Thursday, December 13, 2007

Shin Splints

Ok... here we go... our first educational blog!!!! Many people currently training for a race of some sort have been struggling with shin splints.

Shin splints is a general term used to refer to a painful condition in the shins caused by small tears in the muscles where they connect to the shins. It is often caused by running or jumping, and may be very slow to heal. Shin pain may also be the result of inflammation of connective tissue such as periosteum (periostitis). The pain may be caused by a stress fracture in the bone or some other problem like osteosarcoma. Pain in the lower leg may also be referred from a distant area of the body, such as pressure on the sciatic nerve (sciatica) which lies in the posterior thigh.

Improper pronation of the foot during the footstrike can also cause pain in the muscles which oppose pronation, on the inside or outside of the shin. In proper pronation the foot strikes the ground on the outside of the heel and then rolls toward the inside of the foot approximately 5%. The ideal degree of pronation varies slightly with the individual. It is determined by factors such as the height of the arch (a higher arch has more clearance for pronation than a low arch) and the flexibility of the arch. In over pronation, the foot rolls in too far. The result is that the foot pushes off almost entirely from the big toe, causing excessive strain on the big toe and the outside of the shin. In contrast, under pronation occurs when the foot does not roll enough. This causes the entire weight of the foot strike to concentrate on too small an area on the outside of the foot, which places a corresponding strain on the shin.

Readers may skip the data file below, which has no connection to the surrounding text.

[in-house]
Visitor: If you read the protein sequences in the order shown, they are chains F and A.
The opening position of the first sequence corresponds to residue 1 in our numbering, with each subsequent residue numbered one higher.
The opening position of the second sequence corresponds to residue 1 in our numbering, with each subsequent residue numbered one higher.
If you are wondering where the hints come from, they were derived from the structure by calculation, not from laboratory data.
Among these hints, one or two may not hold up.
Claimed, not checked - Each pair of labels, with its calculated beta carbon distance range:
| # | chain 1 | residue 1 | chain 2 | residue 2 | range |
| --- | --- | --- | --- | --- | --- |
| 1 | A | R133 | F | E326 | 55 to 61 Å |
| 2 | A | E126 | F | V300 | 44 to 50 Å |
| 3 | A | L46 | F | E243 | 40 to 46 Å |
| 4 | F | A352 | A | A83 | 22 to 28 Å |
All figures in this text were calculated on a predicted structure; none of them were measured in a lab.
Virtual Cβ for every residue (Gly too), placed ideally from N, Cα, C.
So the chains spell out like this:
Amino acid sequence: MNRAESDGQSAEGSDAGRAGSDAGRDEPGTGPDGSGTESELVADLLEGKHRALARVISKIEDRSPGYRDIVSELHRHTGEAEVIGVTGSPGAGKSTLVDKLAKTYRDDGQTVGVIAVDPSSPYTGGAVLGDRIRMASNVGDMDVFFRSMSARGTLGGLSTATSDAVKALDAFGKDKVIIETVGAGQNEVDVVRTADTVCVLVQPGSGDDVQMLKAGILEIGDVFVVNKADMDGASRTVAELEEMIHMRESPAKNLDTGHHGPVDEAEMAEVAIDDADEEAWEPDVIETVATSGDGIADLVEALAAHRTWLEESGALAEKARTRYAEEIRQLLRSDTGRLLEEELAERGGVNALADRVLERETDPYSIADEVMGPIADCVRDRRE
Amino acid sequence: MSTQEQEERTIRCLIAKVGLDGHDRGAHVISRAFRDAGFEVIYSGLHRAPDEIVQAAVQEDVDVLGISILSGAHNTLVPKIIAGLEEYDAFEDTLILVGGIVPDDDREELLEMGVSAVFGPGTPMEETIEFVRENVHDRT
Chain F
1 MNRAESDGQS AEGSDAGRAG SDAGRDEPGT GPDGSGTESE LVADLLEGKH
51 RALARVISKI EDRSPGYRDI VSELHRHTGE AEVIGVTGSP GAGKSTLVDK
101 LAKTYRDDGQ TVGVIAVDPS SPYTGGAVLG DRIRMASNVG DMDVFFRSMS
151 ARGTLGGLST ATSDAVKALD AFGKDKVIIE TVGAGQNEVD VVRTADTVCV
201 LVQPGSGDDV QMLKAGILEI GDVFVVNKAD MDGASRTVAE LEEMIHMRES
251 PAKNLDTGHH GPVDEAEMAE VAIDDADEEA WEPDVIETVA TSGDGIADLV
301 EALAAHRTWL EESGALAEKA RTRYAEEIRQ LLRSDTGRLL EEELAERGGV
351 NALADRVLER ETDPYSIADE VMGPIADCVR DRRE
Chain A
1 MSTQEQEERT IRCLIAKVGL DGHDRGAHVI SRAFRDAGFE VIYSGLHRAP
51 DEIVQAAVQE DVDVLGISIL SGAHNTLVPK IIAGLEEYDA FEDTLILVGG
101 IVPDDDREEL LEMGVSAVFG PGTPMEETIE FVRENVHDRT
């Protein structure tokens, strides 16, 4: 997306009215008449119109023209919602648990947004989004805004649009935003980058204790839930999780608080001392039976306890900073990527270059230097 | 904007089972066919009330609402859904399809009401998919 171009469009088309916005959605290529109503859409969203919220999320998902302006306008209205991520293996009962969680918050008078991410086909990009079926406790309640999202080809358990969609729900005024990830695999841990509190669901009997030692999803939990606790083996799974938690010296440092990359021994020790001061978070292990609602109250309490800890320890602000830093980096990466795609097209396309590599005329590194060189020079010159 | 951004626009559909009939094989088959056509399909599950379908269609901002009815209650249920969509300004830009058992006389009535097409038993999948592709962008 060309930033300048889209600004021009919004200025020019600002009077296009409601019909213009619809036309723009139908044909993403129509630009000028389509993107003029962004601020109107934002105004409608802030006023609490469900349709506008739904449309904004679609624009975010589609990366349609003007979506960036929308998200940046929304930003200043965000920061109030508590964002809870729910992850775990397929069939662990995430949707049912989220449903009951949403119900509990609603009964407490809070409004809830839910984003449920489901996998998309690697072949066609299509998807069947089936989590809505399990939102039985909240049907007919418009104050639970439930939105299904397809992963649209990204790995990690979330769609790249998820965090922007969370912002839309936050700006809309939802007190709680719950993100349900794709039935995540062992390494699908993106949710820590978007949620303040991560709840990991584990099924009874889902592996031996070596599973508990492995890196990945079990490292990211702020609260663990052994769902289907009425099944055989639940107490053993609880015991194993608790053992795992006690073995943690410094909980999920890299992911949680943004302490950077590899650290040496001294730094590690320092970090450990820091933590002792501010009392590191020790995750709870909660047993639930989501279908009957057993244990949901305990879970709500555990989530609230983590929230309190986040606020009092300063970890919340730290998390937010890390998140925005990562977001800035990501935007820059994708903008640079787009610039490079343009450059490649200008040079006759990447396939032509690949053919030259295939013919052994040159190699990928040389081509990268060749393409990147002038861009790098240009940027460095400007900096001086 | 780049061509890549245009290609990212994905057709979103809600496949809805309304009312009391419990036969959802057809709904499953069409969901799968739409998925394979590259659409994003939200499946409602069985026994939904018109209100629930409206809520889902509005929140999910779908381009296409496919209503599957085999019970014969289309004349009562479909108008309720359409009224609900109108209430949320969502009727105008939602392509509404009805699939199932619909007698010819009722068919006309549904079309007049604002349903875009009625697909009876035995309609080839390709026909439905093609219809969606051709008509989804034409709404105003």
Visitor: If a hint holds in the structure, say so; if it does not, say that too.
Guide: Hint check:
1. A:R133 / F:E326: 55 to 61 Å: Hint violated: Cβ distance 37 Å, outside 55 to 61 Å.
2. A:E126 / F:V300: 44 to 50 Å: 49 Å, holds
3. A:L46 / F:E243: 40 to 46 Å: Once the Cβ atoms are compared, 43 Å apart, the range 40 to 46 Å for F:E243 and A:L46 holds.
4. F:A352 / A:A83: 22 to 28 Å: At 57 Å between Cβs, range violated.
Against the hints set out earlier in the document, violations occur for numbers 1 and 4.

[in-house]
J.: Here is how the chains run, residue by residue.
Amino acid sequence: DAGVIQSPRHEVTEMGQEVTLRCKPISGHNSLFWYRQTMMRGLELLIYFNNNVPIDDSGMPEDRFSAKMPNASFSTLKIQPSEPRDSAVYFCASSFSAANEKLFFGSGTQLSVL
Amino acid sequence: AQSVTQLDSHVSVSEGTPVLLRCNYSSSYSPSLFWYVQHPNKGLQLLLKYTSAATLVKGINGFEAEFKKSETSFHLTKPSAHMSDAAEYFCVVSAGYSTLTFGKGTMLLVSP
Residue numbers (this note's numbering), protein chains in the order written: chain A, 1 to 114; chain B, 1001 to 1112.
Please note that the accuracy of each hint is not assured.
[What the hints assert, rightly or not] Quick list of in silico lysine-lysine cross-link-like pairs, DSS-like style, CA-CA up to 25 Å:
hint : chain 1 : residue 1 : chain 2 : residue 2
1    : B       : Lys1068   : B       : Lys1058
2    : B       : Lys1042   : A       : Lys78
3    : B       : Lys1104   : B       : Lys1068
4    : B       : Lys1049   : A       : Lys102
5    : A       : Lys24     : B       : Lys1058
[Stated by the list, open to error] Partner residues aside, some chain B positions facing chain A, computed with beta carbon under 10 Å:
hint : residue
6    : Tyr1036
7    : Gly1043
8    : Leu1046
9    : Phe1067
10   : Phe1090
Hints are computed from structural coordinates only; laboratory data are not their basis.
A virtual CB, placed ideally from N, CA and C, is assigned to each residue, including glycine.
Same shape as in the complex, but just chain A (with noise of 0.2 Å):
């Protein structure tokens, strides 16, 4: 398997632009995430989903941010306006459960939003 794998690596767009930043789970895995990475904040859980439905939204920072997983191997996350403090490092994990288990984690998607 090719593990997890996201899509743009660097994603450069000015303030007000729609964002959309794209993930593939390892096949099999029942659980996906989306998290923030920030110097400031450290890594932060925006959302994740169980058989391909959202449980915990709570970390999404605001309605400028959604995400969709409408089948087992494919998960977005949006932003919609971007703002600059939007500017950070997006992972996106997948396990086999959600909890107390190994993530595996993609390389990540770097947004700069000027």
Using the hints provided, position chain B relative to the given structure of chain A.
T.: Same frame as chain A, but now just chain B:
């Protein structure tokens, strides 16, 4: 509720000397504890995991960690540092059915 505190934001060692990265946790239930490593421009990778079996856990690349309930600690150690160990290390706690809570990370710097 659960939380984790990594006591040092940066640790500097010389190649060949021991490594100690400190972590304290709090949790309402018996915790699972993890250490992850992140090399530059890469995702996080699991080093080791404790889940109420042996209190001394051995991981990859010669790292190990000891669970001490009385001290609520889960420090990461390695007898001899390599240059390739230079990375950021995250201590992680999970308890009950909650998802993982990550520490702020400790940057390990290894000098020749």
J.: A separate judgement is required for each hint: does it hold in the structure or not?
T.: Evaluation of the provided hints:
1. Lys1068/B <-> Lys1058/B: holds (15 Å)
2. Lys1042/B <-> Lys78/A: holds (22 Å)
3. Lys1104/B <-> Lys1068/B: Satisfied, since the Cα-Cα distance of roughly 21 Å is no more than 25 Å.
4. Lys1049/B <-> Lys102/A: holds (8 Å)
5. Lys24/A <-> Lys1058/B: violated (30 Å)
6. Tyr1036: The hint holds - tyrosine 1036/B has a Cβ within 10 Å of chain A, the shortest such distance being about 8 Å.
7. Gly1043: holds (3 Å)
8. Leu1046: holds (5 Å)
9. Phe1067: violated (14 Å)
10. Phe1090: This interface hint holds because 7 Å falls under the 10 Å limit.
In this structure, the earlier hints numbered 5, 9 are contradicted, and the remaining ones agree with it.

Treatment - Form
The long-term remedy for muscle-related pain in the shin is a change in the running style to eliminate the overstriding and heavy heel strike.
Most competitive runners do not strike the ground heel first. Sprinting is performed on the toes, as is middle-distance running. In long-distance running, the footstrike should be flat, though some elite long-distance runners will retain their forefoot strike acquired from years of competing in track-and-field. Look into the book Chi-Running... it is fantastic book which helps all runners with their running form.

Stress on the shin muscles can also be somewhat alleviated by footwear and choice of surface. Runners who strike heavily with the heel should look for shoes which provide ample rearfoot cushioning. Such shoes may be referred to as "stability" or "motion control" shoes. The so-called "neutral" shoes for bio-mechanically efficient runners may not have adequate support in the heel, because the runners for whom these shoes are intended do not require it. When their cushioning capability degrades, the shoes should be replaced. The commonly recommended replacement interval for shoes is 300-500 miles. Excessive pronation can be reduced by extra supports under the arch. Running shoes which have a significant supporting bump under the arch are called "motion control" shoes, because they work by limiting the pronating motion. Also shoes with cushion shock features and shoe inserts can help prevent future problems.

Ok... I hope this brings some light to some of your issues